..................less medical jargon in a 'Quick Glance' format!
There are more than 150 types of Arthritis, Arthritis D-F looks at 20 types.
Degenerative Joint Disease: A slowly progressive musculoskeletal disorder that typically affects the joints of the hand, spine and weight-bearing joints of the lower extremity. Joint pain and loss of function are due to defects in joint cartilage and underlying bone. These defects arise because of excessive loads on normal joints or normal loads on abnormal joints.
Dermatomyositis: is one of a group of acquired muscle diseases called inflammatory myopathies. The disease, which has a somewhat severe onset, affects both children and adults. Females are more often affected than males. Dermatomyositis is characterized by a rash accompanying, or more often, preceding muscle weakness. The rash looks like patchy, bluish-purple discolorations on the face, neck, shoulders, upper chest, elbows, knees, knuckles, and back.
Diffuse Idiopathic Skeletal Hyperostosis: is considered a form of degenerative arthritis and is characterized by excessive bone growth along the sides of the vertebrae of the spine. It is also associated with inflammation and calcification at other areas of the body where tendons and ligaments attach to bone, such as at the elbow, knee and the heel of the foot. These can lead to bone spurs.
Discoid Lupus Erythematosus: is a chronic skin condition characterized by inflammation and scarring type skin lesions which occur on the face, ears, scalp and at times on other body areas. These lesions develop as an inflamed growth with scaling and a warty like appearance.
Drug-Induced Lupus: Lupus-inducing drugs are typically those used to treat chronic diseases. No obvious common denominator links the drugs that are likely to cause lupus. The list includes medicines used to treat heart disease, thyroid disease, hypertension, neuropsychiatric disorders, certain anti-inflammatory agents and antibiotics.
Duchenne's Muscular Dystrophy: is one of a group of muscular dystrophies characterized by the enlargement of muscles. DMD is one of the most prevalent types of muscular dystrophy and is characterized by rapid progression of muscle degeneration that occurs early in life.
Dupuytren's Contracture: is an abnormal thickening of tough tissue in the palm and fingers that can cause the fingers to curl. It is more common in men than in women and becomes more common as we grow older.
Ehlers-Danlos Syndrome: describes a group of hereditary disorders which mainly affect the skin and joints, but may affect other organs. EDS affects the connective tissues which are the tissues that support various parts of the body such as skin, muscles, tendons and ligaments. In EDS, the fibrous protein collagen is faulty, causing the connective tissue to not be elastic or strong.
Enteropathic Arthritis: involves the peripheral joints, usually in the lower extremities such as the knees or ankles. It commonly involves only a few or a limited number of joints and may closely follow the bowel condition. This occurs in approximately 11 percent of patients with ulcerative colitis and 21 percent of those with Crohn's disease.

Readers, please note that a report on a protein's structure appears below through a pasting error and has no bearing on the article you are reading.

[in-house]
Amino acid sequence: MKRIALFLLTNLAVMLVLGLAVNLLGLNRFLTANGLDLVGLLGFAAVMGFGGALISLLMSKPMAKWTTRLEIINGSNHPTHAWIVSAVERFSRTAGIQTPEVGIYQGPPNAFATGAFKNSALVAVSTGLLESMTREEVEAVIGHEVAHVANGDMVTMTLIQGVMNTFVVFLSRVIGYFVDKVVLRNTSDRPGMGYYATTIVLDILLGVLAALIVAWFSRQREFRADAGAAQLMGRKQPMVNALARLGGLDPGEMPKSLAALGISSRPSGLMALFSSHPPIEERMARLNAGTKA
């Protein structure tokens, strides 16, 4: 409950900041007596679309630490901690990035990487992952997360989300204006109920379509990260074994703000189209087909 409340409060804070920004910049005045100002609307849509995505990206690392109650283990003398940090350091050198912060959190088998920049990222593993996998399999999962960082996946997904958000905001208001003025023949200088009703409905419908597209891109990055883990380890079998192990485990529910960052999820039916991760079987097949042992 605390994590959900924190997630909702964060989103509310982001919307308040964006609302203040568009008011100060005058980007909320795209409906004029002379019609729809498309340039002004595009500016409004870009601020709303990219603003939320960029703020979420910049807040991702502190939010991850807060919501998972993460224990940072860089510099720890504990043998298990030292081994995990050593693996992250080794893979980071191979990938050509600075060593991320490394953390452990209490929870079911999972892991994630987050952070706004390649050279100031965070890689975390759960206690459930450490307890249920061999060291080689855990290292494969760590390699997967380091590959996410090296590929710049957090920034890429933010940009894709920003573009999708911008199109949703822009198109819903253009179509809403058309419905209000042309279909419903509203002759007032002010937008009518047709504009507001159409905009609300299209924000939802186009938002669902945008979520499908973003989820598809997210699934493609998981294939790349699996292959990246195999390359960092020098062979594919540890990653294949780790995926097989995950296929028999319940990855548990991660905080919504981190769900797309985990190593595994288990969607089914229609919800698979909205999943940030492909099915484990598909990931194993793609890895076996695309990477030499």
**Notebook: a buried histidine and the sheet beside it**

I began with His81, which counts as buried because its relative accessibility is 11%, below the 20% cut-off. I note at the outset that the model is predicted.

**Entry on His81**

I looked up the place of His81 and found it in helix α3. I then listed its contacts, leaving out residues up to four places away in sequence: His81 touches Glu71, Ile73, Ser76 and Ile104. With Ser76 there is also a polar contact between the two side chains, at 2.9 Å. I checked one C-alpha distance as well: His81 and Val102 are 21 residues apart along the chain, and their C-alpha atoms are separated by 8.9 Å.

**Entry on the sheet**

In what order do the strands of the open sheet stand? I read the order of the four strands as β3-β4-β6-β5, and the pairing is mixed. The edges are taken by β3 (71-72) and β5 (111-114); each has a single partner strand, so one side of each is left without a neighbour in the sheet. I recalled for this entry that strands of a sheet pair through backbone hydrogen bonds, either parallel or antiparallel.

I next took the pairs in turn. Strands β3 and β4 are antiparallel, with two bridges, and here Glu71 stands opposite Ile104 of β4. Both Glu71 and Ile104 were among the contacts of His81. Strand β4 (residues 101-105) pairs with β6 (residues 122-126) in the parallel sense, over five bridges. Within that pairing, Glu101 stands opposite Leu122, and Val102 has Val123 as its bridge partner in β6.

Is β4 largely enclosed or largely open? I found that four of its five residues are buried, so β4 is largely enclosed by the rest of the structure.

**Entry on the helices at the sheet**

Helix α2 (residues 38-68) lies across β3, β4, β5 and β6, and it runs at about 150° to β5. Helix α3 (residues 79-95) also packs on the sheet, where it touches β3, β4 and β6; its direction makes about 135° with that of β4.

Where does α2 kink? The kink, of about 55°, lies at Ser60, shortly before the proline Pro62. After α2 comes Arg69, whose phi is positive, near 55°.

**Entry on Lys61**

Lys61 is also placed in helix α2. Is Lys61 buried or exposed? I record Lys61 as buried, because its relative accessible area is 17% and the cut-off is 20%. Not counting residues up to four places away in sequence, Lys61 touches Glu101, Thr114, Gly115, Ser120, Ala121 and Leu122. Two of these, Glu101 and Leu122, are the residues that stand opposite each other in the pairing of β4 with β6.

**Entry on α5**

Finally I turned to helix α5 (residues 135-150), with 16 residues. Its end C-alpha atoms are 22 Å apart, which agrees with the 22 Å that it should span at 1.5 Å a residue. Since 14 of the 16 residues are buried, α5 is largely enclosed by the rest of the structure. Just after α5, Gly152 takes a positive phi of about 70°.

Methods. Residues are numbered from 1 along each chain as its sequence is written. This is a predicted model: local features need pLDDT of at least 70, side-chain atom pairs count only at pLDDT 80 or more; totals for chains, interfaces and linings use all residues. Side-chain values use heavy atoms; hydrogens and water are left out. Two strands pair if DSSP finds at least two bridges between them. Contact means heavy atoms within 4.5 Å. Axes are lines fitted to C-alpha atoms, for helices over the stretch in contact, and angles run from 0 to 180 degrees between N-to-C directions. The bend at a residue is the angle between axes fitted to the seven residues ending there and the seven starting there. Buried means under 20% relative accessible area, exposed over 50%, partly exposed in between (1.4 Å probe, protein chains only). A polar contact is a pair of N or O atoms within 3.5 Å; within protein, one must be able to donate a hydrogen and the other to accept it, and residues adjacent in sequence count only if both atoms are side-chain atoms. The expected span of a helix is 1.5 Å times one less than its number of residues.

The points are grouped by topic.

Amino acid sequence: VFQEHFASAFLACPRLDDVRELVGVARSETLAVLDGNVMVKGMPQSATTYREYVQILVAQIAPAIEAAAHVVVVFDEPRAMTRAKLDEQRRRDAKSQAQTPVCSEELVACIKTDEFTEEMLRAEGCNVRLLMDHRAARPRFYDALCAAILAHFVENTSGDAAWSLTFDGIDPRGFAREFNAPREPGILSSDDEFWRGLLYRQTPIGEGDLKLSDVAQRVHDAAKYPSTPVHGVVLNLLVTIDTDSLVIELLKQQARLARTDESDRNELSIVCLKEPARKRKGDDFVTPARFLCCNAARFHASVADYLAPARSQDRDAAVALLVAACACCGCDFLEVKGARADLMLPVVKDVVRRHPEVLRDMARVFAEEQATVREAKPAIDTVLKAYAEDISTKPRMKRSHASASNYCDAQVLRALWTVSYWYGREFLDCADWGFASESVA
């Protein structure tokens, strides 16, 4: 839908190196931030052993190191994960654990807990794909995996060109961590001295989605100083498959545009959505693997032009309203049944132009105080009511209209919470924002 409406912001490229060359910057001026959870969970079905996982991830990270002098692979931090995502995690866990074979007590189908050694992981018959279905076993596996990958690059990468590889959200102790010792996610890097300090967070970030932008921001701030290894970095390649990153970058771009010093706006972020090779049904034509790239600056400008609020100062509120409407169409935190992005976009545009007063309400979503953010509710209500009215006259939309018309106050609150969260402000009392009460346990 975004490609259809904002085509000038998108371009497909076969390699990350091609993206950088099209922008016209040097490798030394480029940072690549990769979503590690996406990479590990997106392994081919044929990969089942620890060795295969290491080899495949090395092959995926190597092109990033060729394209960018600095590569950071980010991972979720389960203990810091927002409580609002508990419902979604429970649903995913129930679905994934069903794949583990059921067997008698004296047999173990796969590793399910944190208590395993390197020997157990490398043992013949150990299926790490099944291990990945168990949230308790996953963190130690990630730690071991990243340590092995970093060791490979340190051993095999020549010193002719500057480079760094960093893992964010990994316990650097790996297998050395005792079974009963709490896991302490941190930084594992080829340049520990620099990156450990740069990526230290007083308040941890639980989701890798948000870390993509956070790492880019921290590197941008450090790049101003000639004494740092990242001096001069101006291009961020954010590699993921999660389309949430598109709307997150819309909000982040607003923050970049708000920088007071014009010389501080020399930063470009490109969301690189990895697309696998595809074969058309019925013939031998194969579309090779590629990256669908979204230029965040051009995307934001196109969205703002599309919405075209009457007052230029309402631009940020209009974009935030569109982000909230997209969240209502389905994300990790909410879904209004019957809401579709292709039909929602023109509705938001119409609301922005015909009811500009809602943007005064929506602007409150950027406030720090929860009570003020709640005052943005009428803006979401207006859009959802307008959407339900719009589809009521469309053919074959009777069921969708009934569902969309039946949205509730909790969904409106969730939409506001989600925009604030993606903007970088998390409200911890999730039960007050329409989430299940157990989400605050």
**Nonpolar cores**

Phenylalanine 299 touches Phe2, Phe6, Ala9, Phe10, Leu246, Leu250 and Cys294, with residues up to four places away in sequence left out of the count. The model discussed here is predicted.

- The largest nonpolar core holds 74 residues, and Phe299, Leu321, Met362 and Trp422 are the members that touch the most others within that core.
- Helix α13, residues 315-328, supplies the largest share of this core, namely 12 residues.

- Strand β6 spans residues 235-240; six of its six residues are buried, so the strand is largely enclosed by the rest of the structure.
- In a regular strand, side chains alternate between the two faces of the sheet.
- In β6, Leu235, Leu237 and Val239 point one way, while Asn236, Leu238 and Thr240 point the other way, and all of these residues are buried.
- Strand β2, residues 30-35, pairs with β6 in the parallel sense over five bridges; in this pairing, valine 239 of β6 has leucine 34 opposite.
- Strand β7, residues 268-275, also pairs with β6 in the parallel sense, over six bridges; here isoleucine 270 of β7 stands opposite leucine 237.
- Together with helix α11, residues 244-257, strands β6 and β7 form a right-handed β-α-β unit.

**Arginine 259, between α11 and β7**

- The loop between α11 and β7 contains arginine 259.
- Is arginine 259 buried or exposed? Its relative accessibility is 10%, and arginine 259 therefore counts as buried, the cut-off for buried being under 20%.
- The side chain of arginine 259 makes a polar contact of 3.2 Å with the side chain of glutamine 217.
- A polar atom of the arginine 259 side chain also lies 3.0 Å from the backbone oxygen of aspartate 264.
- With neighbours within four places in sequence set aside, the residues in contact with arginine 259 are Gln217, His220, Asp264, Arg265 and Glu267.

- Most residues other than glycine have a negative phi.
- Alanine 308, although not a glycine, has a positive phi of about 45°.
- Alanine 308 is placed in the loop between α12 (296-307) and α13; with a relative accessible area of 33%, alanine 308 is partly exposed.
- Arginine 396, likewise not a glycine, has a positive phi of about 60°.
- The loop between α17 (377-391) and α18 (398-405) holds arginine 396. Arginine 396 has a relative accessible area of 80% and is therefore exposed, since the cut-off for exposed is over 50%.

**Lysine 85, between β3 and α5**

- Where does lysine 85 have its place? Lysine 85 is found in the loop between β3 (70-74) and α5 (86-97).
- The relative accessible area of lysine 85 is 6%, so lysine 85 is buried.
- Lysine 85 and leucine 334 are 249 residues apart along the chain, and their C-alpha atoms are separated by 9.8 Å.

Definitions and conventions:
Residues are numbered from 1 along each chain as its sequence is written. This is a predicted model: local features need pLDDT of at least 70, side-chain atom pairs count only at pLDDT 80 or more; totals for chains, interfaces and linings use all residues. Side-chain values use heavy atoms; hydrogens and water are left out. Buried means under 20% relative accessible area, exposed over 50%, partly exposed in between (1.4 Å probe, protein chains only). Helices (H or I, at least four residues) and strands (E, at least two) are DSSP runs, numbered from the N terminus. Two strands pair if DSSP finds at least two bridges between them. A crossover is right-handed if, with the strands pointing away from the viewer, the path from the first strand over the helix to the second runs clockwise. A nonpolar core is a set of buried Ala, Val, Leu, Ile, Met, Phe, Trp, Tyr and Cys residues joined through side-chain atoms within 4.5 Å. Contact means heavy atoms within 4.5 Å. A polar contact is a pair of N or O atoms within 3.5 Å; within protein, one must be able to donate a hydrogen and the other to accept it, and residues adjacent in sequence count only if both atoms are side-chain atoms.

Exercise-Induced Compartment Syndrome: is a condition that causes pain over the front of the shin bone. Patients typically experience the pain after a period of activity or exercise, and it is quickly relieved by rest. The pain from exercise induced compartment syndrome can be quite severe, and it often limits a patient's activity level.
Fabry's Disease: is a fat storage disorder caused by a deficiency of an enzyme involved in the biodegradation of lipids. There is some evidence of a link between Fabry’s disease and connective disorders including osteoarthritis.
Farber's Lipogranulomatosis: is a rare inherited metabolic disorder. Major symptoms may include hoarseness, painful and swollen joints, nodules under the skin, and growths in the lungs and other parts of the body. The heart and lymph nodes may also be involved. Difficulty in breathing may necessitate the implantation of a breathing tube in the throat.
Felty's Syndrome: A typical form of rheumatoid arthritis with fever, splenomegaly and leukopenia and, in some cases, anaemia and thrombocytopenia. Other features can include anorexia, weight loss, recurrent infections, brown pigmentation of exposed skin surfaces, peripheral neuropathy, carpal tunnel syndrome, arteritis, general malaise, pain in the upper left quadrant of the abdomen, Raynaud's syndrome and scleritis. Occurs most often in patients with a sustained period of illness, more often in women than in men.
Fifth's Disease: is a viral illness in children that is among the most common causes of arthritis in children. Painful swelling develops in one or more joints one to two weeks after a child has contracted Fifth’s Disease or various other common viral ailments. The arthritis may last for a few days or even several weeks but passes without any permanent damage. Any virus can lead to an arthritis, but the most common causes are Parvovirus, the agent of Fifth's Disease, and Epstein Barr Virus, the agent of infectious mononucleosis.
Flat Feet: Feet with lower arches and higher than normal degree of flexibility in the arch can lead to biomechanical wear and tear on various joints including toes, heels, knees and even the hips and back.
Fungal Arthritis: usually results from the spread of an invasive fungal infection from another organ in the body. The fungal infection creates swelling when it reaches the joint or bone tissue. Load bearing joints, particularly the knees, are the more common locations.